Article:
Friday, 8 March 2013


(Jon Turteltaub, 2010)

The makers of The Sorcerers Apprentice don't seem to know quite what they want it to be.
It's a Jerry Bruckheimer-produced Summer Blockbuster, but despite the tens of Millions of dollars lavished upon the many special effects sequences and the location shooting in New York City, somehow it never quite feels like one. It is a kid-friendly action-fantasy, but it has a strange setting, seemingly borrowed from Spider-Man comics. It's hero Dave (Jay Baruchal, whose wonky charm works surprisingly well surrounded by so much nonsense) is a geeky Science whizz at a Manhattan University, with no girlfriend or social life. That all goes back to the traumatic episode in his childhood when he encountered Balthazar (Nicolas Cage, in relatively restrained mode) a powerful, ancient sorcerer, who revealed that Dave is himself destined to be a powerful sorcerer before the appearance of Horvath (Alfred Molina doing his stock villain routine) led to a destructive magical battle and Dave's humiliation before his entire school class, including a girl he liked.
The plot resumes a decade later, with Dave engaged in mad scientist experiments (channelling his sorcery into science, you see), that girl from school, now revealed as pretty Becky (Teresa Palmer) reappearing in his life, and Horvath and Balthazar suddenly freed from the urn in which they have been sealed together for the last ten years. They both seek a Russian Doll which imprisons Morgan Le Fay, Horvath to free her and destroy the world, Balthazar to ensure she remains trapped, and Dave, of course, gets caught in the middle while Balthazar tries to teach him how to become the sorcerer he is destined to be.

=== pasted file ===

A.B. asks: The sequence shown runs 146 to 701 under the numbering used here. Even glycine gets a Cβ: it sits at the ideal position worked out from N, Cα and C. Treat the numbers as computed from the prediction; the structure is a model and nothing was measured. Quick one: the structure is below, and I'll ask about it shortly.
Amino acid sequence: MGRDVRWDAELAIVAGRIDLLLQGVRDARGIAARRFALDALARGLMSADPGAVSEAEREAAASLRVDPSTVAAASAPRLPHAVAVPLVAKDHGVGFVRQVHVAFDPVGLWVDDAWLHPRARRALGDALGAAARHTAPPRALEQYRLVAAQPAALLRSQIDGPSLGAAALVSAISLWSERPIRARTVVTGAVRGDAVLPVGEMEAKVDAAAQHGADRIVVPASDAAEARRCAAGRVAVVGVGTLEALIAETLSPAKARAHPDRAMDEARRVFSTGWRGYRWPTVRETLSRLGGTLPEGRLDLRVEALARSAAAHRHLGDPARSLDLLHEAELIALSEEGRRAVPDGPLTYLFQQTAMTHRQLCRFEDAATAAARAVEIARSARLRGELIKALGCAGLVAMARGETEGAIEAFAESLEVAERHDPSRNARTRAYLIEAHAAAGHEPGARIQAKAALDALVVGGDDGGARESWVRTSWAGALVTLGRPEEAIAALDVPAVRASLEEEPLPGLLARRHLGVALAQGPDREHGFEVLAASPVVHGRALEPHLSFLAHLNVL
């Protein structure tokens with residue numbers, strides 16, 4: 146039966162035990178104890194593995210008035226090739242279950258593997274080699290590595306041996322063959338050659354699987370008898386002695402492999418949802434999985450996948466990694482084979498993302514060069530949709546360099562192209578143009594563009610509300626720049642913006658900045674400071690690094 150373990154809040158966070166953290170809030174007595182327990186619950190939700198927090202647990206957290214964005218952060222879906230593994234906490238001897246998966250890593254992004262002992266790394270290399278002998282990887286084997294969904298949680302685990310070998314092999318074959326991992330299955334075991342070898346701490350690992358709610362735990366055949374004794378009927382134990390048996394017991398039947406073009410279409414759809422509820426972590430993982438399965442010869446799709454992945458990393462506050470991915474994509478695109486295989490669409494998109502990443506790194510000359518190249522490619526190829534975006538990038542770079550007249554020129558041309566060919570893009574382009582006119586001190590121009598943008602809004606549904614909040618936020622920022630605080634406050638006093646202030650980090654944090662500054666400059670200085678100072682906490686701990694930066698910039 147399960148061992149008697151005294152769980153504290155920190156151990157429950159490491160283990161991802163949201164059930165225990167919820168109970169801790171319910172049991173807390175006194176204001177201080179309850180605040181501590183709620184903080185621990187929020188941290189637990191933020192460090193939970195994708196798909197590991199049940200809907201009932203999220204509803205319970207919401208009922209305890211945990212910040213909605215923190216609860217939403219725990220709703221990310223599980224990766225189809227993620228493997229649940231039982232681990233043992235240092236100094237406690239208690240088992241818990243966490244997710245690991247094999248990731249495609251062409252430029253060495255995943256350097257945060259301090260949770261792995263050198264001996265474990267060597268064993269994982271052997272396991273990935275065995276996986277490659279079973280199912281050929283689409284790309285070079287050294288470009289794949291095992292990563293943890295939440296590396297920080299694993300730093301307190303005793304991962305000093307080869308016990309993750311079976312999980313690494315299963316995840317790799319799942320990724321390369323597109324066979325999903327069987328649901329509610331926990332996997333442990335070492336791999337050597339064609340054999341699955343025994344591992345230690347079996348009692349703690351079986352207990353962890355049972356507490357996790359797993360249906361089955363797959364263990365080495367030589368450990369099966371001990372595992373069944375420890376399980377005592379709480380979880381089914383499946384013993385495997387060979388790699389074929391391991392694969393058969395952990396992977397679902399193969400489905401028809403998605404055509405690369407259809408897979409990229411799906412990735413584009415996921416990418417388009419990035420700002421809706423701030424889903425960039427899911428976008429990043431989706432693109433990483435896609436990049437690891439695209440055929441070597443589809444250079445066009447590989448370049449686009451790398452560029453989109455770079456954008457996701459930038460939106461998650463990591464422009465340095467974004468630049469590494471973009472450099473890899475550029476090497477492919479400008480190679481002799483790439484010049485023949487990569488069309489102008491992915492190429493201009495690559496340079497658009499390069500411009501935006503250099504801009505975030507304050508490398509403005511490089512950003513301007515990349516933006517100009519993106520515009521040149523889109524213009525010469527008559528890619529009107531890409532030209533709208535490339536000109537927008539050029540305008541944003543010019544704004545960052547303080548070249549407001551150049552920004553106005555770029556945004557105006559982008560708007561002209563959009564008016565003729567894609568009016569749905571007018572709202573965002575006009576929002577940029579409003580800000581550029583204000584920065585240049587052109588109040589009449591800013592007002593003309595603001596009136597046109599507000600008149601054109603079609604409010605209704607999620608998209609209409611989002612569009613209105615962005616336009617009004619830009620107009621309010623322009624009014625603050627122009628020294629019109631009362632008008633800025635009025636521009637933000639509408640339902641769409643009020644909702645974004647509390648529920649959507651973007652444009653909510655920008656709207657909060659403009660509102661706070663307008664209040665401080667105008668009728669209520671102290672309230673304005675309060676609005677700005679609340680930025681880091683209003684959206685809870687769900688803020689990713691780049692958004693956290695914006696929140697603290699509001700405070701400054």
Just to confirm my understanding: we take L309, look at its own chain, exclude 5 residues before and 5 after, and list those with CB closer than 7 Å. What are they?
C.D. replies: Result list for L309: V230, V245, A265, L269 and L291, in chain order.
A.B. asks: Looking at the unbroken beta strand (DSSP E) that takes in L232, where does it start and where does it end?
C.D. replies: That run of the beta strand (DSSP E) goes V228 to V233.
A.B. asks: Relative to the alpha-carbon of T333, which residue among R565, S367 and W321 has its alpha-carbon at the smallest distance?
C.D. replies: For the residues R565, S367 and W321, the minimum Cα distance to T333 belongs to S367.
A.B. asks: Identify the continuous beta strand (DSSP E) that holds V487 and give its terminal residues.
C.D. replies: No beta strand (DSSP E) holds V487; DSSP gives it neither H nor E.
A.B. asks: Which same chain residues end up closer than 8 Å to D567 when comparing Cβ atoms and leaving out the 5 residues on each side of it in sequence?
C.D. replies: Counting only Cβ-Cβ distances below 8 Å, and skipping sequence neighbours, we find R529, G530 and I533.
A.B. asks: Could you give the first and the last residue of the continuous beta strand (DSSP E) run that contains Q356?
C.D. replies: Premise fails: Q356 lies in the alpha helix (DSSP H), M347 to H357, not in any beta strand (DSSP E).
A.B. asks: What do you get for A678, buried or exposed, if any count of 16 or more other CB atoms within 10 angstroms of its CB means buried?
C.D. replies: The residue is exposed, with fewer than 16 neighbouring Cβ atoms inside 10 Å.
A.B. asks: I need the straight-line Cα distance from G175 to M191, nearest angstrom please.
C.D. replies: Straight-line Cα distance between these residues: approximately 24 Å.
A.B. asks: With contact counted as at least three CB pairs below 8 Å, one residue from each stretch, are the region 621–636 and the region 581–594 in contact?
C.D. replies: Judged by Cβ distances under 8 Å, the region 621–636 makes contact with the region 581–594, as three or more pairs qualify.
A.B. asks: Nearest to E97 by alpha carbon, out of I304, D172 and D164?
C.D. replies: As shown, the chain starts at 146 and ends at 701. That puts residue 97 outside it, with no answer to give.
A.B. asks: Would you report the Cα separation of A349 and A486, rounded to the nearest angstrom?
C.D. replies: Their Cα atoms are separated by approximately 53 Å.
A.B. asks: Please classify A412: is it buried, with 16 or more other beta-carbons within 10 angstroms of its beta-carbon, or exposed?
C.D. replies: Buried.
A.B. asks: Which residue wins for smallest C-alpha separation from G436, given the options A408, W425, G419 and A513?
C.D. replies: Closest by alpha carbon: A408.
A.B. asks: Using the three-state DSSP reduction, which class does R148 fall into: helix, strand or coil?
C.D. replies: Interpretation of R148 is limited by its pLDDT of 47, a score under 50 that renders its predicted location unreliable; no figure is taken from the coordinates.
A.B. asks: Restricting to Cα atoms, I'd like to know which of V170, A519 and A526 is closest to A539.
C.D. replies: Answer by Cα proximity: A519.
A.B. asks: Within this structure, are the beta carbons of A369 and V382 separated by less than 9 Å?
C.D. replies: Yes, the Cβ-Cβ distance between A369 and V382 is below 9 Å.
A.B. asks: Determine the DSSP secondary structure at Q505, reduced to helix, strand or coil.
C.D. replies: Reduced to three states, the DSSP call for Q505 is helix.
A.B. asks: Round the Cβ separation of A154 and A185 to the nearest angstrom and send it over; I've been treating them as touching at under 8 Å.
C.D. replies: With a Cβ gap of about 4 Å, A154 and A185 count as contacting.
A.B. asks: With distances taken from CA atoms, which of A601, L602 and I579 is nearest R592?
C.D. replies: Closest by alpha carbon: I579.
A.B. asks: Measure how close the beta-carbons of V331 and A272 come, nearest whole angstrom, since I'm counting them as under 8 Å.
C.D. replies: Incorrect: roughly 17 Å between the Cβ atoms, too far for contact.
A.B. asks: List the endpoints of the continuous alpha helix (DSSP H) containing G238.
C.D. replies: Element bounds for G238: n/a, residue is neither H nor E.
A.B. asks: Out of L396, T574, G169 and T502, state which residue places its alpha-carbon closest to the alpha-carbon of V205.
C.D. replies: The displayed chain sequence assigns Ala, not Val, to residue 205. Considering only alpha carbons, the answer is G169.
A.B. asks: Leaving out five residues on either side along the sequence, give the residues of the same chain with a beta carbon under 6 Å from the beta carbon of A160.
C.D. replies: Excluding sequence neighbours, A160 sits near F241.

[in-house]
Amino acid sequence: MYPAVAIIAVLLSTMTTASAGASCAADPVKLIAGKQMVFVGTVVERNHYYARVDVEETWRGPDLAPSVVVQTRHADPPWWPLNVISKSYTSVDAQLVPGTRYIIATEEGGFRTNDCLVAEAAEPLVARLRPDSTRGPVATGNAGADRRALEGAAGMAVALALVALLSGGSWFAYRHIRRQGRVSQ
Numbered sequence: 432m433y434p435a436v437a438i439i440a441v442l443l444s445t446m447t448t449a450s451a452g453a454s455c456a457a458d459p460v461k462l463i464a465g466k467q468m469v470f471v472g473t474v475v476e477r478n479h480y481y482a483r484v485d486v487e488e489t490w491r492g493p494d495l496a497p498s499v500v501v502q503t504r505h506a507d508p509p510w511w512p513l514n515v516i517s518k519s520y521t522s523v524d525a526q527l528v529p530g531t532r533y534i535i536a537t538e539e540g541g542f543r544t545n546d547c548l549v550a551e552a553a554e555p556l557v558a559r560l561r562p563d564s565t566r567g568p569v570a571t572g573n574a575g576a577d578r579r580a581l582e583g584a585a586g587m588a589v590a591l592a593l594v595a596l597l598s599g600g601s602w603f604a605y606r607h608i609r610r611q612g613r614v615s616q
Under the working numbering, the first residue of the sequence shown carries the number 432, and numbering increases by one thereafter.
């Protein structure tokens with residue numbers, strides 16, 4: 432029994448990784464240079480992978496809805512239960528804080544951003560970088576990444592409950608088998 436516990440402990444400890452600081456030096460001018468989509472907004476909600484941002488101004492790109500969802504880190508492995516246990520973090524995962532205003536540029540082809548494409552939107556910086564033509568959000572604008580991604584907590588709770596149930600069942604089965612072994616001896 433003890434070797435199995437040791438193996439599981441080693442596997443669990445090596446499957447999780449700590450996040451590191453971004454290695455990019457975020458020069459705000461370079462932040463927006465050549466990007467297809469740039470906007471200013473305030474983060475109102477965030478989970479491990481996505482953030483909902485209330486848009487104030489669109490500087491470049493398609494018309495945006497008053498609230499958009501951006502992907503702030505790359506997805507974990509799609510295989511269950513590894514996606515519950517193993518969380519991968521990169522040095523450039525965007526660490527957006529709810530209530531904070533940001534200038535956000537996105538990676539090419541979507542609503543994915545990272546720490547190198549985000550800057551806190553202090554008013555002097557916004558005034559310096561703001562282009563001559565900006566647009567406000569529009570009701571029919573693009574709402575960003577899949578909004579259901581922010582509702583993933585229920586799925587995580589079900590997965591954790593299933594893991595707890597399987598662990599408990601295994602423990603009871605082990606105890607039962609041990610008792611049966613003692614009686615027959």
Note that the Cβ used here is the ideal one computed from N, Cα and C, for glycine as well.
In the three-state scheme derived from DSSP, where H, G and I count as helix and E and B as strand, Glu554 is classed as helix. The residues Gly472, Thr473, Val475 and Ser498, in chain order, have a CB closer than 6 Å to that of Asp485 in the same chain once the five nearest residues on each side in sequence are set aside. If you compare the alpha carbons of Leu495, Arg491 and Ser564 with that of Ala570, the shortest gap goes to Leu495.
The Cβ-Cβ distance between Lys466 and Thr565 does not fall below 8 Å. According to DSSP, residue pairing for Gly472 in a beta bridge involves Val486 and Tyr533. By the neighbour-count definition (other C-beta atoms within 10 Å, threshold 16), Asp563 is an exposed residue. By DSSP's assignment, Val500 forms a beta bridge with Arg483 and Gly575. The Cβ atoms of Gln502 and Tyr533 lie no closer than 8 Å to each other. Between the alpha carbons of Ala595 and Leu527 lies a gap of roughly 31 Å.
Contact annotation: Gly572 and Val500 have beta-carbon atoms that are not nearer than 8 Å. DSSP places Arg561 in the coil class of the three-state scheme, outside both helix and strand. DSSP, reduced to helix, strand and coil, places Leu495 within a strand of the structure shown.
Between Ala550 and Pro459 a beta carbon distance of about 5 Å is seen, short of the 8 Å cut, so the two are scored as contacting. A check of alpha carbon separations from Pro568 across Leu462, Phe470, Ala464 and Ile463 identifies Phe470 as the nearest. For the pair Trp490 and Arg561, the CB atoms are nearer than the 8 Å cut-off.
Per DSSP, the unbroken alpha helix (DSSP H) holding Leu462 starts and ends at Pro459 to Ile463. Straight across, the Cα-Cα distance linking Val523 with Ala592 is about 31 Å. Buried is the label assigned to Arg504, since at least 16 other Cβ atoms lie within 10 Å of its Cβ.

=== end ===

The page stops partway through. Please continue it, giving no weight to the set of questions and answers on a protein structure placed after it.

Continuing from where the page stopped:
That makes it sort-of-a-superhero film, since it deals with the origin of a young hero with supernatural abilities, but despite all the magical battles in the streets and skies of New York, it has no iconography, no costumes, no secret identities. Baruchal and Toby Kebbell (as Horvath's apprentice, a celebrity Magician who lives like a Rock star) both seem to play much of it for laughs, but Cage is, well, Cage, all loony intensity and odd delivery, and the tone is all over the place.
Turteltaub is an odd director, a successful hack who has made romcoms, big family blockbusters, and semi-serious dramas, all without ever evincing any particular personality or great talent beyond efficiency, and he might be the problem with the Sorcerers Apprentice. Despite a nice cast (also including Monica Bellucci and Alice Krige as Sorceresses), some interesting elements, particularly some of the clever ways magic in the modern world is manifested, and several good moments, it all feels quite anonymous and tired and the last act is a bit of a trudge to the inevitable ending.

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